25. PADEP (2012b) Pennsylvania Department of Environmental Protection (PA DEP) SPUD Data Report, http://www.depreportingservices.state.pa.us/ReportServer/Pages/ReportViewer.aspx?/Oil_Gas/Spud_External_Data
  26. PAMAP (2016) PAMAP program land cover for Pennsylvania. Pennsylvania geospatial data clearinghouse; University Park, PA, 2005. Available at http://www.pasda.psu.edu/uci/FullMetadataDisplay.aspx?file=palanduse05utm18nad83.xml. Accessed Mar 2016
  27. PASDA (2016) Networked streams of Pennsylvania. Pennsylvania Geospatial Data Clearinghouse, 1998. http://www.pasda.psu.edu/uci/FullMetadataDisplay.aspx?file=netstreams1998.xml. Accessed Mar 2016
  28. Peduzzia P, Harding R (2013) Gas fracking: can we safely squeeze the rocks?. Environ Dev 6:86–99CrossRefGoogle Scholar
  29. Perkins MJ, McDonald RA, van Veen FJF, Kelly SD, Rees G, Bearhop S (2014) Application of nitrogen and carbon stable isotopes (δ(15)N and δ(13)C) to quantify food chain length and trophic structure. PloS one 9:e93281CrossRefGoogle Scholar
  30. R Development Core Team, R (2014) R: A language and environment for statistical computing. R Foundation for Statistical Computing, 1, 409Google Scholar
  31. Rahm D (2011) Regulating hydraulic fracturing in shale gas plays: the case of Texas. Energy Policy 39:2974–2981CrossRefGoogle Scholar
  32. Riva-Murray K, Chasar LC, Bradley PM, Burns DA, Brigham ME, Smith MJ, Abrahamson TA (2011) Spatial patterns of mercury in macroinvertebrates and fishes from streams of two contrasting forested landscapes in the eastern United States. Ecotoxicology 20:1530–1542CrossRefGoogle Scholar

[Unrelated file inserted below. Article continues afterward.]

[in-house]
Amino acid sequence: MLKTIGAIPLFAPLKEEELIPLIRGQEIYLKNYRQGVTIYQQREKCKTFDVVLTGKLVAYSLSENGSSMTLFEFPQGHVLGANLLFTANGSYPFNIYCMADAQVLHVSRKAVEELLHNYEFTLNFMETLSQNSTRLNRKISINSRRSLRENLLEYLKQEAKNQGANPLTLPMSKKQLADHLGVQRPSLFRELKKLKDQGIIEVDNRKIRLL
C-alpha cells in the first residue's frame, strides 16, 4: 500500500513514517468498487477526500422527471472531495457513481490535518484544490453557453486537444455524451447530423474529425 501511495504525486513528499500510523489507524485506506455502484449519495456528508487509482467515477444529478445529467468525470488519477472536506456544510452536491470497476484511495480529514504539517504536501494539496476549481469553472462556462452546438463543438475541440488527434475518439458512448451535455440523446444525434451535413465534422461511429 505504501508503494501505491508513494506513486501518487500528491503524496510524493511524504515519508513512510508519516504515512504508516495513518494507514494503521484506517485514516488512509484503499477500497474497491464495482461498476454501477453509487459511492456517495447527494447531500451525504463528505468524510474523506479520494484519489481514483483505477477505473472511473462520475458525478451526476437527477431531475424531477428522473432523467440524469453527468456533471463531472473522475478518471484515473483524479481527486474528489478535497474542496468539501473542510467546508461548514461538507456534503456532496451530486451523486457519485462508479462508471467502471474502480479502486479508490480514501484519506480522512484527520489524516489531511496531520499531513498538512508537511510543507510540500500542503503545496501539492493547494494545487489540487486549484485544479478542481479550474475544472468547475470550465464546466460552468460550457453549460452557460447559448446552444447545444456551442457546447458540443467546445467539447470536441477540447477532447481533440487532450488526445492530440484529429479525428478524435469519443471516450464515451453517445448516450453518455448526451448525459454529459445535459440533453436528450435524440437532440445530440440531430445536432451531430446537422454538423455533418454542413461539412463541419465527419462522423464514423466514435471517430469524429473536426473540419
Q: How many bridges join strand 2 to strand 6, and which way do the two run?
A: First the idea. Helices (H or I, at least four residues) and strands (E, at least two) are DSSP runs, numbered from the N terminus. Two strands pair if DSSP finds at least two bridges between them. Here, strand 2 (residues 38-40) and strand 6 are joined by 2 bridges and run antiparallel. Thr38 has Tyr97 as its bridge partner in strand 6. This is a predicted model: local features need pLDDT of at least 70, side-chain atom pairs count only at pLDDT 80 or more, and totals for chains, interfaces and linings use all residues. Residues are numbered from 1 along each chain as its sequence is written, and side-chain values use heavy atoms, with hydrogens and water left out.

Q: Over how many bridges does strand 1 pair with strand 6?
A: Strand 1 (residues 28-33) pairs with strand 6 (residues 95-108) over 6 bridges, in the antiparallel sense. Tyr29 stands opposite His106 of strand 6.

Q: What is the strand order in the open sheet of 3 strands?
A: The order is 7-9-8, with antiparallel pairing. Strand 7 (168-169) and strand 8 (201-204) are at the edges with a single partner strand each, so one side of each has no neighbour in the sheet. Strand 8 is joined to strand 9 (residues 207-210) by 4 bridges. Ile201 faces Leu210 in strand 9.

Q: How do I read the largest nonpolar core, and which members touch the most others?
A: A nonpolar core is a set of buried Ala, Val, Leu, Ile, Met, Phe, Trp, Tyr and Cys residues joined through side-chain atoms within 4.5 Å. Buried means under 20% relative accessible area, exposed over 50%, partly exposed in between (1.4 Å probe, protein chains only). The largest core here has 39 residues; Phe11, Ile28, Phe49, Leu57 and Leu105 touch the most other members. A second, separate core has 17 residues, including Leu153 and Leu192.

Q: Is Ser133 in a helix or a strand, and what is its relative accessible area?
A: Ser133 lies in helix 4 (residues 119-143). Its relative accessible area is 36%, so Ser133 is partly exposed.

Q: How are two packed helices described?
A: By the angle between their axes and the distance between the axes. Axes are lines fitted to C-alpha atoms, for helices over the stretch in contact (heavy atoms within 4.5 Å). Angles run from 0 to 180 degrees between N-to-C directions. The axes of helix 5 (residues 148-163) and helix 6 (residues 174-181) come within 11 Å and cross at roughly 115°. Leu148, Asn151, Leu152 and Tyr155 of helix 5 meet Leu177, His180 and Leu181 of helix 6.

33. Seifert LI, Scheu S (2012) Linking aquatic and terrestrial food webs–Odonata in boreal systems. Freshw Biol 57:1449–1457CrossRefGoogle Scholar
  34. Soil Survey Staff, Natural Resources Conservation Service, United States Department of Agriculture. (2016) Soil Survey Geographic (SSURGO) Database for Pennsylvania. http://soildatamart.nrcs.usda.gov. Accessed Mar 2016
  35. Trexler R, Solomon C, Brislawn CJ, Wright JR, Rosenberger A, McClure EE, Grube AM, Peterson MP, Keddache M, Mason OU, Hazen TC, Grant CJ, Lamendella R (2014a) Assessing impacts of unconventional natural gas extraction on microbial communities in headwater stream ecosystems in Northwestern Pennsylvania. Front Microbiology 5:1–13CrossRefGoogle Scholar
  36. Van der Velden S, Dempson JB, Evans MS, Muir DC, Power M (2013) Basal mercury concentrations and biomagnification rates in freshwater and marine food webs: effects on Arctic charr (Salvelinus alpinus) from eastern Canada. Sci Total Environ 444:531–542CrossRefGoogle Scholar
  37. USEPA (2002) Method 1631, Revision E: Mercury in water by oxidation, purge and trap, and cold vapor atomic fluorescence spectrometry. United States Environmental Protection Agency, Washington DCGoogle Scholar
  38. USEPA (2007) Method 7473: Mercury in solids and solutions by thermal decomposition, amalgamation, and atomic absorption spectrometry. United States Environmental Protection Agency, Washington DC 1–17Google Scholar
  39. Wallace, JB, Grubaugh, JW, Whiles, MR (1996) Biotic. indices and stream ecosystem processes: results from an experimental study. Ecol applications 6(1):140–151Google Scholar
  40. Ward DM, Nislow KH, Folt CL (2010) Bioaccumulation syndrome: identifying factors that make some stream food webs prone to elevated mercury bioaccumulation. Ann N Y Acad Sci 1195:62–83CrossRefGoogle Scholar

Copyright information

© Springer Science+Business Media New York 2016

Authors and Affiliations

  • Christopher James Grant
    • 1
  • Allison K. Lutz
    • 2
  • Aaron D. Kulig
    • 1
  • Mitchell R. Stanton
    • 3
  1. 1.Juniata Collegevon Liebig Center for ScienceHuntingdonUSA
  2. 2.Biology DepartmentGeorgia Southern UniversityStatesboroUSA
  3. 3.Utah Division of Wildlife ResourcesVernalUSA

Personalised recommendations